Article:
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Theories & Approaches

All Theories & Approaches

Getting Started

Having considered some of the basic theories and literature related to youth mentoring, this section provides some advice to agencies considering mentoring as a pregnancy prevention strategy. There are five broad foundations for youth mentoring programs that need to be considered in the development of a youth mentoring program (National Mentoring Center, 2003). A broader checklist of the sub-capacities associated with each foundation can be found in the next section: Foundations of a Successful Youth Mentoring Program: A Checklist.


Agency Capacity

As with all agency-based program efforts, the strength and health of a mentoring program begins with agency support, resources and infrastructure. Since mentoring is most effective when mentor and youth relationships are sustained over time (i.e., measured by months and years), it is critical that the capacity exists to sustain program efforts for the long-term. Capacity is reflected by an agency's strategic plan, policies, staffing, commitment and resources. In the absence of capacity, mentoring efforts will be at higher risk for failure.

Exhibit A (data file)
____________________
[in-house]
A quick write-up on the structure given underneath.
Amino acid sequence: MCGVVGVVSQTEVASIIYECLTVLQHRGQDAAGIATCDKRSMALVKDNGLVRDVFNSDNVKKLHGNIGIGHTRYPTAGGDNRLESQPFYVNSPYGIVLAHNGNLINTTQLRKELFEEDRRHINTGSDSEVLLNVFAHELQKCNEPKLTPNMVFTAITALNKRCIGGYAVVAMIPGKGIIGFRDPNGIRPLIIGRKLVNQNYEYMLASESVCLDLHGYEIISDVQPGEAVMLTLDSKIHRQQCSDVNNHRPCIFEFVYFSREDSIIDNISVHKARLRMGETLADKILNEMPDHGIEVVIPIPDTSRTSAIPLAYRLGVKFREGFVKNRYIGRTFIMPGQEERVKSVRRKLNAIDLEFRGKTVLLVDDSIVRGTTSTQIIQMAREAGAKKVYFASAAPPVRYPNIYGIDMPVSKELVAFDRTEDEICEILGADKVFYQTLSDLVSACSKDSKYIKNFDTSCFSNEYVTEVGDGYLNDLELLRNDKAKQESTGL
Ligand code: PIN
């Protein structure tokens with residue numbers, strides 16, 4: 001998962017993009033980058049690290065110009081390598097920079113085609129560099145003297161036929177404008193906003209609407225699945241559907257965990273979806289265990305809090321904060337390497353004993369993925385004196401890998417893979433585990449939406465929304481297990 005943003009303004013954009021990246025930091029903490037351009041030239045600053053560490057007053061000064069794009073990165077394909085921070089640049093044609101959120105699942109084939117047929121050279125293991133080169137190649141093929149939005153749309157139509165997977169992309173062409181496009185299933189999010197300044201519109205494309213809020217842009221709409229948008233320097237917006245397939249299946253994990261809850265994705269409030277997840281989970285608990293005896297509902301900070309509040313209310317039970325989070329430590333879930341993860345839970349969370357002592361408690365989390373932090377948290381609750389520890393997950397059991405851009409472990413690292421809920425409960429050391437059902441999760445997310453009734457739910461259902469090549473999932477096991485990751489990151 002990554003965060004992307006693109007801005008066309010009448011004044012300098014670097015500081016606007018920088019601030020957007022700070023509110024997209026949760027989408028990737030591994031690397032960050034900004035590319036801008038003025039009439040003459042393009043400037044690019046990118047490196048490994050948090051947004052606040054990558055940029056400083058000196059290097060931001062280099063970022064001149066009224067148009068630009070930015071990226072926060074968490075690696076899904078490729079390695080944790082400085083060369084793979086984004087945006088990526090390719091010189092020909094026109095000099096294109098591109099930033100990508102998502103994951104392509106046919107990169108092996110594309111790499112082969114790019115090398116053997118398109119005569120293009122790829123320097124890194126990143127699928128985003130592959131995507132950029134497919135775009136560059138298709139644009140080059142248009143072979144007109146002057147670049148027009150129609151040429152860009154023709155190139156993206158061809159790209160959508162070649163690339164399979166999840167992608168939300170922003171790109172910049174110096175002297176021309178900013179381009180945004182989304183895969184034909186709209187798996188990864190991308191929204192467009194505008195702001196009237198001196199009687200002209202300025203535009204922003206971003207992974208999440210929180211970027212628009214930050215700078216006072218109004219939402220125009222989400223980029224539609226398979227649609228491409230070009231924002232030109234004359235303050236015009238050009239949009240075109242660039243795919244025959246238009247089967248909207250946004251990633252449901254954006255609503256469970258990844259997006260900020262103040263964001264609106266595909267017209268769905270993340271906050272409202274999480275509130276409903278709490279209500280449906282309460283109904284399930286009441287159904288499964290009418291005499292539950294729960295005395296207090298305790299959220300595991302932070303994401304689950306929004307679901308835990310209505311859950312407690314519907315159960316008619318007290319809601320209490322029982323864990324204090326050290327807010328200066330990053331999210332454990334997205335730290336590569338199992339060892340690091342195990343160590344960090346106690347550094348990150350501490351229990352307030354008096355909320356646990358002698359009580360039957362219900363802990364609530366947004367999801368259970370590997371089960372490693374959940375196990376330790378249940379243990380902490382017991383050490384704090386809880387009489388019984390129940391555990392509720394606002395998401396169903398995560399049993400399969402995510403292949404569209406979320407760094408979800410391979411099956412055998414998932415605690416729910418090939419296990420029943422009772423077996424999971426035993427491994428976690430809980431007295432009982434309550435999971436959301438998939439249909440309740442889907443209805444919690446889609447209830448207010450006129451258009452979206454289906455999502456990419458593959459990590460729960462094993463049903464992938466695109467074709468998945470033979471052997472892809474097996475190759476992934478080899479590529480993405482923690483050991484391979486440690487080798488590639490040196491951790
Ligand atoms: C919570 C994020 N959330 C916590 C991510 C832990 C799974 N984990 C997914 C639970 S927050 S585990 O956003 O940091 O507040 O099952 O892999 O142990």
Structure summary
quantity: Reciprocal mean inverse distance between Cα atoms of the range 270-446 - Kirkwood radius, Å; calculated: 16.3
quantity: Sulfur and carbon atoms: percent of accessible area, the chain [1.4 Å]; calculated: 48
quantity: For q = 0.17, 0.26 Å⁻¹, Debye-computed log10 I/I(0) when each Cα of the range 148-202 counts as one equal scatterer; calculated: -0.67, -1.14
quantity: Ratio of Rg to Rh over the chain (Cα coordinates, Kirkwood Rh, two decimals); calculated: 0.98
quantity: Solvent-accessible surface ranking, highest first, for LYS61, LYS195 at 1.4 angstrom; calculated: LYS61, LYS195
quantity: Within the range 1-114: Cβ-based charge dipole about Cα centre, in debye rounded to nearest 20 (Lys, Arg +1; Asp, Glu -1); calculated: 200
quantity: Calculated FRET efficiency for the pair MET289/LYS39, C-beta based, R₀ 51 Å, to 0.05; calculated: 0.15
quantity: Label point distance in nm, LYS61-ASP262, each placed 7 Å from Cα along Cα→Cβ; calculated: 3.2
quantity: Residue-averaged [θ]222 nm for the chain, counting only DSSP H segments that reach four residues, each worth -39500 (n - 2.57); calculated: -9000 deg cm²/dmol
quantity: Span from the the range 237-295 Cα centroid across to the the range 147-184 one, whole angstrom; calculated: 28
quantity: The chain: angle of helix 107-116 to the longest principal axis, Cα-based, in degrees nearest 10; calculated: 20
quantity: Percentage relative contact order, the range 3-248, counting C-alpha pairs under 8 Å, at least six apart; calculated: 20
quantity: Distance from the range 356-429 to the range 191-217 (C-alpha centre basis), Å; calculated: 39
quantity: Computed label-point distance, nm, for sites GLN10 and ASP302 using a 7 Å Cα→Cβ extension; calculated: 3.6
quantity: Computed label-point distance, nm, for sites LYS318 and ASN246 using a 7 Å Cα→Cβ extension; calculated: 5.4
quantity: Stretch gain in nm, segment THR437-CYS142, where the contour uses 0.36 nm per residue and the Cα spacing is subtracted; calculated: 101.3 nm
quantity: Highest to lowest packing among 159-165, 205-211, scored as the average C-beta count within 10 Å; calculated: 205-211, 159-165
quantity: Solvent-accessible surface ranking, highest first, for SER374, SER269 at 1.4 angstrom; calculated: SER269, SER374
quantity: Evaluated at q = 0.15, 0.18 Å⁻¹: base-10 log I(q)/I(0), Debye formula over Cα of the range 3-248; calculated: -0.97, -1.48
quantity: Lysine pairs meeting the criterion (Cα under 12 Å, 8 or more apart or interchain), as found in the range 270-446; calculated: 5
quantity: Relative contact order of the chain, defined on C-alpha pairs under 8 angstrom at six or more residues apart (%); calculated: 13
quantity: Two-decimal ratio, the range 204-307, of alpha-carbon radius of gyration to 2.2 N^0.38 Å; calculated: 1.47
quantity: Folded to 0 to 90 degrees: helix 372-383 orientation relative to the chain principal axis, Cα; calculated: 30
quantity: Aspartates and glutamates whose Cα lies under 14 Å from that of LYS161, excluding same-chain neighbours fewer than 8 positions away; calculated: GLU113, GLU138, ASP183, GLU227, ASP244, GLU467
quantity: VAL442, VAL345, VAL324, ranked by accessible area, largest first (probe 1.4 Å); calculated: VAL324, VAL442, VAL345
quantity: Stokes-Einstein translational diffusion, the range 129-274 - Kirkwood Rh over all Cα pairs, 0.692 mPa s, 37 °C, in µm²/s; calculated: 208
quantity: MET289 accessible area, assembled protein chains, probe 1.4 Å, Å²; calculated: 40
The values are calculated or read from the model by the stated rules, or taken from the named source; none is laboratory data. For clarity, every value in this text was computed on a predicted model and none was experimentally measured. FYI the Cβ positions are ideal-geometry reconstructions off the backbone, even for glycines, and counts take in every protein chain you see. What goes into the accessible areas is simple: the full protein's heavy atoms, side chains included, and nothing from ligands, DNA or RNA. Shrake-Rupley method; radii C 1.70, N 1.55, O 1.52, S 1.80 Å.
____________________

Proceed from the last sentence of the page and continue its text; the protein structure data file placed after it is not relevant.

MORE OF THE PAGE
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Proven Program Design

The heart and soul of any mentoring program is found in its program design. The "Elements of Effective Practice" outline the core of program design. This list of elements have been adopted or adapted by many state mentoring partnerships as quality assurance standards. For more information on the Elements of Effective Practice and State partnerships, see the National Mentoring Partnership's website (www.mentoring.org).

These program design elements govern the day-to-day operations of a mentoring program and help ensure youth safety as well as foster strong mentor and youth relationships. The Elements of Effective Practice — along with other evidence-based program design principles — address recruiting, orienting, screening and training mentors and youth as well as matching, supervising and supporting the mentors and youth through the mentoring process. Creating a proven program design is clearly the most intensive effort in the planning process.

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Effective Community Partnerships

As with most areas of youth development, few agencies and more importantly, few programs ultimately succeed by going it alone. Youth development is inherently a collaborative concern for the health and welfare of our children. Within the context of mentoring programs this truism is applicable. Most mentoring programs will need both formal and informal partnerships with schools, youth serving organizations and other community stakeholders to succeed. Community planning often strengthens the design of mentoring program.

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Sustainable Resource Development